The u-shaped kink 76 may be used to extend the electrical length of the radiating elements 72, 74, thereby effectively tuning the antenna 26. The kink 76 may also be used for impedance matching, or to provide dual band functionality for the antenna 26. The kink 76 adds inductive loading to the radiating elements 72, 74 while also increasing the capacitive coupling between the radiating elements 72, 74 and the first ground plane 78. Likewise, the kink 76 may be an electric short (i.e., the electromagnetic current on the radiating elements 72, 74 couples across the kink 76 rather than passing around the kink 76) at certain frequencies, thus creating a short antenna 26 at one frequency where the kink is shorted and a longer antenna 26 at other frequencies where the kink 76 is not bypassed. Geometries other than the kink 76 may be used as needed or desired.
The substrate structure 70 is also illustrated in FIG. 3, wherein the layered relationship of the various components is better illustrated. Specifically, the substrate structure 70 comprises the antenna 26, the first ground plane 78, a second ground plane 84, and an RF circuit element 86. Distinct plies 88 of dielectric material 88A, 88B, 88C, and 88D separate the various electric components. In an exemplary component, the plies 88 are formed from FR4. Other dielectric materials may also be used, and material type may vary between plies 88 if needed or desired.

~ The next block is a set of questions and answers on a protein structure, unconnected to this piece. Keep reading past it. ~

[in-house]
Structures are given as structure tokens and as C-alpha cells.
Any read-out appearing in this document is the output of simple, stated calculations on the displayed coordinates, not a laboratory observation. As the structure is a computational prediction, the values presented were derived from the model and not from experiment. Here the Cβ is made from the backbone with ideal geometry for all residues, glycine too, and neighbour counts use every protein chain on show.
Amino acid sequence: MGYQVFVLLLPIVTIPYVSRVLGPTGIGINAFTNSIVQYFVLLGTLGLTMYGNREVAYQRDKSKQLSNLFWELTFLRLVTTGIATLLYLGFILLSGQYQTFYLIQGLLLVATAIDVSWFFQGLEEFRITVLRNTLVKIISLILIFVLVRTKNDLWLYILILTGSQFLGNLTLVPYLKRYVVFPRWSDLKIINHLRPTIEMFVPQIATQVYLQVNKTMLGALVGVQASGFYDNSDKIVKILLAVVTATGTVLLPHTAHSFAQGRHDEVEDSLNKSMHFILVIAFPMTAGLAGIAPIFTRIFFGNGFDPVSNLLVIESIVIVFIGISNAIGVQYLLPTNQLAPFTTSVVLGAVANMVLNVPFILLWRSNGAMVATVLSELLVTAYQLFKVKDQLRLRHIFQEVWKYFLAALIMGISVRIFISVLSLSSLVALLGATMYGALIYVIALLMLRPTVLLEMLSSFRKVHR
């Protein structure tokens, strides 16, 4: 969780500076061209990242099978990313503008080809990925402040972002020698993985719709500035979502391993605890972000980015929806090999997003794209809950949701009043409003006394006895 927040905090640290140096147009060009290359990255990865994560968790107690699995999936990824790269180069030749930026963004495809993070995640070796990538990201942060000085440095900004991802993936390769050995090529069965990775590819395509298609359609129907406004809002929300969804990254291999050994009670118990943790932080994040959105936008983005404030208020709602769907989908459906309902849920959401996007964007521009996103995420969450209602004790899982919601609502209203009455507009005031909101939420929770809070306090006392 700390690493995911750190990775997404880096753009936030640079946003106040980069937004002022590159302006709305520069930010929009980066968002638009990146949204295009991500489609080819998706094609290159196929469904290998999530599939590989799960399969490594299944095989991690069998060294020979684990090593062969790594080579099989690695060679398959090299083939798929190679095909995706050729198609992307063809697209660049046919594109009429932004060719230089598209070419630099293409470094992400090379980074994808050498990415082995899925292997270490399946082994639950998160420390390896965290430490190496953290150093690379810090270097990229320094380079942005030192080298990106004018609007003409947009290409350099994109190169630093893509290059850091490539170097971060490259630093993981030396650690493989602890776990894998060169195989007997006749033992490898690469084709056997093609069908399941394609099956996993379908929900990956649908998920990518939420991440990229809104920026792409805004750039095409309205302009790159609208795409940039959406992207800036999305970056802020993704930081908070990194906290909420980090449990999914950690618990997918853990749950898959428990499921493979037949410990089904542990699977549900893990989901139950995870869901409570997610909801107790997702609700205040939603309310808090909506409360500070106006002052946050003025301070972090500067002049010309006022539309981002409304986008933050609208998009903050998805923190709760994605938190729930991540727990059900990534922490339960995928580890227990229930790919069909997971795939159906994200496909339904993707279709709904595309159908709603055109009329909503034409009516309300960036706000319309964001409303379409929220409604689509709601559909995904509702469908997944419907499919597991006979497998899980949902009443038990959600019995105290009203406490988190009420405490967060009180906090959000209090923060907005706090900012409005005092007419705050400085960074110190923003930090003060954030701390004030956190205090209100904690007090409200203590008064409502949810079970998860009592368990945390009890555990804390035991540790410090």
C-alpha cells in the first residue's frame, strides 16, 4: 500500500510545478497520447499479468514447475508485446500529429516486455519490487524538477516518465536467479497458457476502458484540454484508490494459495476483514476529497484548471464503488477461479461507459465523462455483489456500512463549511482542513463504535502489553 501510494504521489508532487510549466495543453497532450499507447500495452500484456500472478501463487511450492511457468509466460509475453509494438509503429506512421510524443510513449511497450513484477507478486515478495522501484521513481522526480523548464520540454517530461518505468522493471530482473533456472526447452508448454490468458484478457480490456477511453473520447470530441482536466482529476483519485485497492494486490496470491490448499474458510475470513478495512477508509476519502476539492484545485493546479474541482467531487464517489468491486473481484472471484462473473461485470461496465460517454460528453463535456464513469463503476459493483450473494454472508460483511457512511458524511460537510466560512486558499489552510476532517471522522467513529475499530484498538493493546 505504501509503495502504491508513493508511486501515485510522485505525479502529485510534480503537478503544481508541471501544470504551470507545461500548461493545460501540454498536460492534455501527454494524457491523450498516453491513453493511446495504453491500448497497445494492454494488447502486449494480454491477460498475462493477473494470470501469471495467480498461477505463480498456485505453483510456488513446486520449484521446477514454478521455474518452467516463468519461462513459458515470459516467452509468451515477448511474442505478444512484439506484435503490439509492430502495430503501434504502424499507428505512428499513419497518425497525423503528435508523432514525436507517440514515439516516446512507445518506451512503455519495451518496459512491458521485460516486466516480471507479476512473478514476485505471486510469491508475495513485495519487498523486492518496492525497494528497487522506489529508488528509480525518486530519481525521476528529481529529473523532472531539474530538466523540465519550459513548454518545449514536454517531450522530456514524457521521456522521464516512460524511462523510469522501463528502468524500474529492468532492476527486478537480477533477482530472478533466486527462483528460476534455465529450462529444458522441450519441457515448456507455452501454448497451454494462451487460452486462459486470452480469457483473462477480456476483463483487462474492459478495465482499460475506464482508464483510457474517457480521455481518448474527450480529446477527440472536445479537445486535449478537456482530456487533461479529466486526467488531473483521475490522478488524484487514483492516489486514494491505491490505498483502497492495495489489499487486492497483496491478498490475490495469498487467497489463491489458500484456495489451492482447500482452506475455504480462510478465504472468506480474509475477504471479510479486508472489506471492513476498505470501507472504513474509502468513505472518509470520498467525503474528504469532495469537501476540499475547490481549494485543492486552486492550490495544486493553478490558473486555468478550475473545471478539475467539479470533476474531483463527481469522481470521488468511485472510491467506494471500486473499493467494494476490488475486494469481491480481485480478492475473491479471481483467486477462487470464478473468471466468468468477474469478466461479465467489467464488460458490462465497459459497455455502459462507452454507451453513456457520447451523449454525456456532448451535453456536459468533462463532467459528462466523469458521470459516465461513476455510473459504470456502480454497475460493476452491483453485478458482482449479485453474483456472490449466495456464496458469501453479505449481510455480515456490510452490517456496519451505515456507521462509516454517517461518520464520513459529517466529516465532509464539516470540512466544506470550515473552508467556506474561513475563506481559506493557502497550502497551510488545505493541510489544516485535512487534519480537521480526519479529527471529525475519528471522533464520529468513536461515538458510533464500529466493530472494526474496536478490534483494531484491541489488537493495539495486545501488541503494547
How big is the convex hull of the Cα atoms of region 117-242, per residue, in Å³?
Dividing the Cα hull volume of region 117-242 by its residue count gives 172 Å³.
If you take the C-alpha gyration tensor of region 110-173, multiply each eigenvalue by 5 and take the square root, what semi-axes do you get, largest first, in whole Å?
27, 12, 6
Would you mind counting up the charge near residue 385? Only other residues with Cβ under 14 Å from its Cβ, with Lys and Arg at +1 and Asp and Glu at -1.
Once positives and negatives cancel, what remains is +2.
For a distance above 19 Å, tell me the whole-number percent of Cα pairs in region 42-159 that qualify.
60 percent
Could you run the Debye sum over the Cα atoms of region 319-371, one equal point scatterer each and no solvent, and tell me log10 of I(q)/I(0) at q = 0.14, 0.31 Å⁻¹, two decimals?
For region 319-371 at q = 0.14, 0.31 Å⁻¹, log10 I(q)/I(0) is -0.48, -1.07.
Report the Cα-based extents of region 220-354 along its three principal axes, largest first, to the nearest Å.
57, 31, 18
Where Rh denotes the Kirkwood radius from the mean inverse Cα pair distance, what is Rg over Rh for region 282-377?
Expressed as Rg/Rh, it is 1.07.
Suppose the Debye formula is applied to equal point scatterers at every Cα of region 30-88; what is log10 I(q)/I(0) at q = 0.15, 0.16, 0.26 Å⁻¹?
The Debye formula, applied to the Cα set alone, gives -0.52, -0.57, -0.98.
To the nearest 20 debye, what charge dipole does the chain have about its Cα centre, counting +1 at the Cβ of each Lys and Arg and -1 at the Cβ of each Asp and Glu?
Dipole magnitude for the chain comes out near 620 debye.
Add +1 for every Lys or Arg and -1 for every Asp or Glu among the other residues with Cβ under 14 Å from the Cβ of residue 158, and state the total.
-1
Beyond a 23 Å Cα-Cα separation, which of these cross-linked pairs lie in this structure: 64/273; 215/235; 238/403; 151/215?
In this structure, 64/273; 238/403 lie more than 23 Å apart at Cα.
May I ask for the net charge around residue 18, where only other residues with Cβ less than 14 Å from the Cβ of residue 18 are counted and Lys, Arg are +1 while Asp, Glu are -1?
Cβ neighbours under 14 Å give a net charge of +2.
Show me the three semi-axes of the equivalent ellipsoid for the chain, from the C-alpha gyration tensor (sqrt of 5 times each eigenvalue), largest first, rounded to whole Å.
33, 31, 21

The RF circuit element 86 may comprise as much of the transceiver circuitry as needed or desired. In an exemplary embodiment, the RF circuit element 86 comprises at least the duplexer 28, and may also comprise the radio frequency transmitter section 24 and the receiver front end 22. Still further, the frequency synthesizer 34 and baseband processor 30 may be considered an RF circuit element 86 for the purposes of the present invention. Preferably the RF circuit element 86 is printed or mounted on the ply 88D using conventional integrated circuit printing technology, or is mounted thereon using conventional fabrication techniques.
The antenna 26 may be electrically connected to the RF circuit element 86 using any appropriate electrical connections. In an exemplary embodiment, a through-hole via 90 is used to connect the antenna 26 to the RF circuit element 86. Other via connectors may also be used so long as the electrical connection therebetween is not shorted by inadvertent contact with either the first ground plane 78 or the second ground plane 84. The first ground plane 78 is electrically connected to the second ground plane 84 using via connectors 92 as is explained in the incorporated '495 patent.